Thursday, October 16, 2008
There’s been a lot of attention recently given to the culture of “Mean Girls.” Mean Girls, Queen Bees and Wannabes…whatever you call them, the aggression and occasional cruelty of girls’ friendships and relationships has been the subject of several recent nonfiction books. However, as Eleanor Estes’s The Hundred Dresses, a 1945 Newbery Honor book, shows, mean girl culture is hardly a new thing.
Wanda Petronski is unlike the other girls in her class. While other girls have new dresses and shoes, Wanda wears the same faded blue dress every day to school. When Wanda tells the girls that she has a hundred dresses hanging in her closest, they all snicker at her, and thus begins their regular verbal bullying of Wanda. Wanda maintains her story, but it isn’t until she is no longer in the classroom that the students realize the truth behind her story.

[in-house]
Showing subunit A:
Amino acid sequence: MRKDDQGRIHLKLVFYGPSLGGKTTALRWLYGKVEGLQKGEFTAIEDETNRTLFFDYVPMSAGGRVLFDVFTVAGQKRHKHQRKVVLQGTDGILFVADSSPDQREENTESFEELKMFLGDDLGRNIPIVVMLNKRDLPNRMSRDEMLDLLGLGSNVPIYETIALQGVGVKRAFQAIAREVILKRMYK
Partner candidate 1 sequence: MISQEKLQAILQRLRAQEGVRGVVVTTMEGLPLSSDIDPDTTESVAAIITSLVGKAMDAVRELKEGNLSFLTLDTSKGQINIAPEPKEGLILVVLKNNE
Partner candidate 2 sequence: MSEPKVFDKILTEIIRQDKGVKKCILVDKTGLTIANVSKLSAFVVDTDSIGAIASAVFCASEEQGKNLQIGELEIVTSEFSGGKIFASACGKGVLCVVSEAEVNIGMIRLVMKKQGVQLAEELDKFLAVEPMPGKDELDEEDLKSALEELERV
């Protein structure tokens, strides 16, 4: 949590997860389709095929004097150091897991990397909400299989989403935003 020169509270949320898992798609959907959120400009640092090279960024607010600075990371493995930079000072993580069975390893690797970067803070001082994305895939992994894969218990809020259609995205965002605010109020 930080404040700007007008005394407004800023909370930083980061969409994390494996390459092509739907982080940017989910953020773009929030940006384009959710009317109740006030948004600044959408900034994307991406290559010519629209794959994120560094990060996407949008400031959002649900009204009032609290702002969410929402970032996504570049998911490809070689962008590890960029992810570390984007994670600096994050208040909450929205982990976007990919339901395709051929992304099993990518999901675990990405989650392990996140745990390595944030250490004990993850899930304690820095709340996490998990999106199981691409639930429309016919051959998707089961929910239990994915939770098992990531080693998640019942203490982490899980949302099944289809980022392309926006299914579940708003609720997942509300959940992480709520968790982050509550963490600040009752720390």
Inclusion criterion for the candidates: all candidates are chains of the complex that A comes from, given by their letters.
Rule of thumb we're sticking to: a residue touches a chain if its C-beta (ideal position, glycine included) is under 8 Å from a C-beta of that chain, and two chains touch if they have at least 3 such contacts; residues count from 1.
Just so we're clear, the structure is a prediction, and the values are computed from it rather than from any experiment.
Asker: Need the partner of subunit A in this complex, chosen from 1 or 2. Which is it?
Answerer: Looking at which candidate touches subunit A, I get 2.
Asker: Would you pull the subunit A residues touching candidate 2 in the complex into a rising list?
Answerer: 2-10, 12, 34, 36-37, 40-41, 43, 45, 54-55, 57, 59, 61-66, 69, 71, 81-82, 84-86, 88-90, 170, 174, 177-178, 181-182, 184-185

A Hundred Dresses is often taught in early elementary grades as an example of the effects of prejudice and teasing. Although the story might seem old-fashioned to some readers, the taunts of the girls will ring true. Although Polish ethnicity is not something that is looked as being different anymore, children will be able to relate it to modern day situations.
I have some quibbles with the ending (everything seems to be easily forgiven), but I think that telling the story through one of the reluctant teasers is a brilliant choice. Maddie is not as enthusiastic in her teasing as are other girls, but she goes along with it because everyone else is doing it. Her feelings of guilt are wonderfully explored and very realistic. Despite whatever (minor) quibbles I have with the book, A Hundred Dresses is a terrific read and a great springboard for discussions about cliques, teasing, and prejudice.